SocraticGadfly: States miss regulatory golden opportunity on pot legalization

January 21, 2019

States miss regulatory golden opportunity on pot legalization

I've seen plenty of articles like this, originally in the WSJ, that note that the THC level of modern commercial marijuana is far greater than many moons ago when I was in high school and college.

That alone should give blank-check pro-pot advocates pause when they claim it's not addictive, period. Or when they claim that "pot paranoia" doesn't exist.

For the record, I believe it is addictive, physically and psychologically, and that such a problem of "pot paranoia" is real. However, the likes of Malcolm Gladwell, former Big Tobacco shill, overstate that. Aaron Carroll specifically calls him out for making unjustified extrapolations.

Contra the Reefer Madness crowd, I don't believe marijuana causes cancer, no matter how ingested. Contra the blank-checkers, though, I do believe that smoked marijuana can cause COPD.

So, marijuana is certainly less dangerous than opiates. May or may not be as dangerous as alcohol. Is NOT danger-free.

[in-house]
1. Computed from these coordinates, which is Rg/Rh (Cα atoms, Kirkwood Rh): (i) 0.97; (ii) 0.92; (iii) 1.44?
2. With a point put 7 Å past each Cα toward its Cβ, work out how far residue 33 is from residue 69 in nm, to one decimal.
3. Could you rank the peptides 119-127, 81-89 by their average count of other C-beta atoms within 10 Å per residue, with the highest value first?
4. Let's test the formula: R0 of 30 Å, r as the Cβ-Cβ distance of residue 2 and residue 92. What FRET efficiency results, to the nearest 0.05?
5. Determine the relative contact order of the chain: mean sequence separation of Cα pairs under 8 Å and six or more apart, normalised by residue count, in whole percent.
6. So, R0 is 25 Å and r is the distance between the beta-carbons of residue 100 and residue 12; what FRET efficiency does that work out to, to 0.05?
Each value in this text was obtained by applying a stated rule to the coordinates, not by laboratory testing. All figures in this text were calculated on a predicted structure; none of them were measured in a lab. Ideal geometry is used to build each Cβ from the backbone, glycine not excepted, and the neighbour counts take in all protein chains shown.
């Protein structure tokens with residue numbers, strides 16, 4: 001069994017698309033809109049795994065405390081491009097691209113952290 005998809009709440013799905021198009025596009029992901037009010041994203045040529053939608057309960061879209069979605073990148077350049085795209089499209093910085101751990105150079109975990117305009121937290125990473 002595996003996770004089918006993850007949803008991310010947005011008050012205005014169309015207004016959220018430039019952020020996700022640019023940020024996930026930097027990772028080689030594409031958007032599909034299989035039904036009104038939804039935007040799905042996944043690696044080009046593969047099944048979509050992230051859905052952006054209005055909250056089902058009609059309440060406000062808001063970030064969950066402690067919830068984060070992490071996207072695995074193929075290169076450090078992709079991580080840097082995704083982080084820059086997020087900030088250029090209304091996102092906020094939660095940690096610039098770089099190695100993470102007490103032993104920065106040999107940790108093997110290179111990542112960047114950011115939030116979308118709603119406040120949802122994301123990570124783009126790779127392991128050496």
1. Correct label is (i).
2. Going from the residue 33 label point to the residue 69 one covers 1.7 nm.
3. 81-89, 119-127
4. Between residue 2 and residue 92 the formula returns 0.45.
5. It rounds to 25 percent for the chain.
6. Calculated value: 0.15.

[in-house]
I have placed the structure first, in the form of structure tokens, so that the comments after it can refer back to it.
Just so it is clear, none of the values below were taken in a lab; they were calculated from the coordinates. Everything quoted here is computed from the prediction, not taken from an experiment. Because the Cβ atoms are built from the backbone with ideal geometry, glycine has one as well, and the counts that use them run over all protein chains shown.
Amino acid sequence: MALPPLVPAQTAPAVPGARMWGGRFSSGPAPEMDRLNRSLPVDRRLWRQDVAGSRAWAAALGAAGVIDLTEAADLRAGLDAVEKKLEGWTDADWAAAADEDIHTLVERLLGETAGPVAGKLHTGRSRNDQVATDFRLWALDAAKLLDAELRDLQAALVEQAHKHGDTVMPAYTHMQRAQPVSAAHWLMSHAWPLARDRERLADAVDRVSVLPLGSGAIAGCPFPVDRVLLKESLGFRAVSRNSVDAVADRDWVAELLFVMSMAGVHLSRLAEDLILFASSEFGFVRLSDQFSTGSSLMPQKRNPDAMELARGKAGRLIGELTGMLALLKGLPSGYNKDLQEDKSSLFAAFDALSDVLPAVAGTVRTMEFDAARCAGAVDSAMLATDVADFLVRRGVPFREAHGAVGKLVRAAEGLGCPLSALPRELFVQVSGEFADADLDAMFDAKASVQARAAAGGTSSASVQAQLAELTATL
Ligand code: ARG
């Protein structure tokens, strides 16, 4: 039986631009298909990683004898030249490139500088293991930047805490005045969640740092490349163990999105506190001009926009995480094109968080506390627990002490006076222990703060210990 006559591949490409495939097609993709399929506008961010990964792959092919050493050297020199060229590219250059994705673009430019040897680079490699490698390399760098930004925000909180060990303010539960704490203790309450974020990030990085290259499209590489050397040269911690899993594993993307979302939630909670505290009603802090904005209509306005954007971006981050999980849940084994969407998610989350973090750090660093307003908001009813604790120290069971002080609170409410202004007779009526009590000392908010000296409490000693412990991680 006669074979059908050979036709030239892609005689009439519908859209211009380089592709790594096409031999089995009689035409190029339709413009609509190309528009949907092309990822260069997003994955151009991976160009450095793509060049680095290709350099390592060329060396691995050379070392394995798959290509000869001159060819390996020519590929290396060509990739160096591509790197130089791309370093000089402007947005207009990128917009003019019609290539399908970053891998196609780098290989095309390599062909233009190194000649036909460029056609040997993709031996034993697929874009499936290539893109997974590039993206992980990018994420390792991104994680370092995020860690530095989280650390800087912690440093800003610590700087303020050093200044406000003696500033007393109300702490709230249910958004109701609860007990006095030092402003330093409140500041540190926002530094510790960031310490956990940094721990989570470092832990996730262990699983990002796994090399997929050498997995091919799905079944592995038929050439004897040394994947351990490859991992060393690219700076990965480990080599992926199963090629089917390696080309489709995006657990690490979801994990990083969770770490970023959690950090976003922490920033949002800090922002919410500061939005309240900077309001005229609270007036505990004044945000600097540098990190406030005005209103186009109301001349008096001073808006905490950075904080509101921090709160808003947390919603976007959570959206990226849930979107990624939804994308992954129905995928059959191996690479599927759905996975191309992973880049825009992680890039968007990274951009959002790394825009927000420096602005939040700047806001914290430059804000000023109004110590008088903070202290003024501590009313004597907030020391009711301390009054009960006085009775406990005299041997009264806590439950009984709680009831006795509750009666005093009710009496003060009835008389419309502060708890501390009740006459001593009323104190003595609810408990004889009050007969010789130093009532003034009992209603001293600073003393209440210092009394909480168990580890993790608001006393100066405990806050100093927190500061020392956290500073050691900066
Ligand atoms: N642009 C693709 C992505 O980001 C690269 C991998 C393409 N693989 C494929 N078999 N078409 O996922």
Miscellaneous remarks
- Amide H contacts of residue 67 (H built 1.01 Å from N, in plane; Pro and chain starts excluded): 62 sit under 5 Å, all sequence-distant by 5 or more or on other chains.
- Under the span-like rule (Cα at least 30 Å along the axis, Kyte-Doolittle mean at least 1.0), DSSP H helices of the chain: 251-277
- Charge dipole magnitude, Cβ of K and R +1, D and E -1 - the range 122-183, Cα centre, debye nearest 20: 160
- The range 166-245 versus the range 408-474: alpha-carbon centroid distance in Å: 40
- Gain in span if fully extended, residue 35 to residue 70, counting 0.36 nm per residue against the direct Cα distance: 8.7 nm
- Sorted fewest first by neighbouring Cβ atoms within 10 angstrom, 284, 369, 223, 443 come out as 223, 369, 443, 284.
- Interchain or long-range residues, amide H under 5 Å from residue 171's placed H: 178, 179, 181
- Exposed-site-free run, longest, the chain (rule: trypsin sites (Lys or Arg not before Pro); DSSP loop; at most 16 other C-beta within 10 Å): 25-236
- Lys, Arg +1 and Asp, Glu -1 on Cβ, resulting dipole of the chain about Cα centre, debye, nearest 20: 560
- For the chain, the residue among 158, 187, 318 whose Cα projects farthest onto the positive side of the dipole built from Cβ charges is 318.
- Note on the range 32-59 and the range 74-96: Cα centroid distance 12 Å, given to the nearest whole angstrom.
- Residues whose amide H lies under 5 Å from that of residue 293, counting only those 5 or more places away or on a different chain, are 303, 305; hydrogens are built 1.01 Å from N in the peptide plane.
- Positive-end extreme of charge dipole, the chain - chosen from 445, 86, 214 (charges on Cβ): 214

And, hence, states could probably better regulate it than they are now, in places where legalized, especially full recreational legalization.

Namely, I think states should have a cap on max THC levels, and should also bar any adulteration that would increase addictiveness. Were I a state legislator in a state considering legalization, my vote would be contingent on either a max THC or max THC/gram cap, as well as a taking a listing from adulturants Big Tobacco added to cigs and barring them from being added to any smokable form of marijuana.

Would commercial pot companies do that? You bet your ass they would, just like Philip Morris added ammonia and other stuff to Marlboros.

Second, states need to work — to the degree possible under current federal marijuana laws — on devising a standard measurement for, and field testing of, marijuana intoxication levels. I'm thinking of the marijuana equivalent of a breathalyzer for DWI. Per Carroll above, current tools measure just THC in the body and not impairment.

Given that Altria, the former Philip Morris, just bought e-cigarette maker Juul, and just before that, up in the new Oh Wooowwww Canada, bought into the pot industry, the possibility that pot could be tampered with not only to further boost its THC, but through the addition of other chemicals, to further boost the addiction potential of THC already in it, should be something that is considered in advance. Carroll, without mentioning Big Tobacco by name, also wars about that. Read his piece.

That said, states would find all of this much easier to do if marijuana were downscheduled by the Drug Enforcement Administration from its current Schedule 1 to no higher than Schedule 3.

No comments: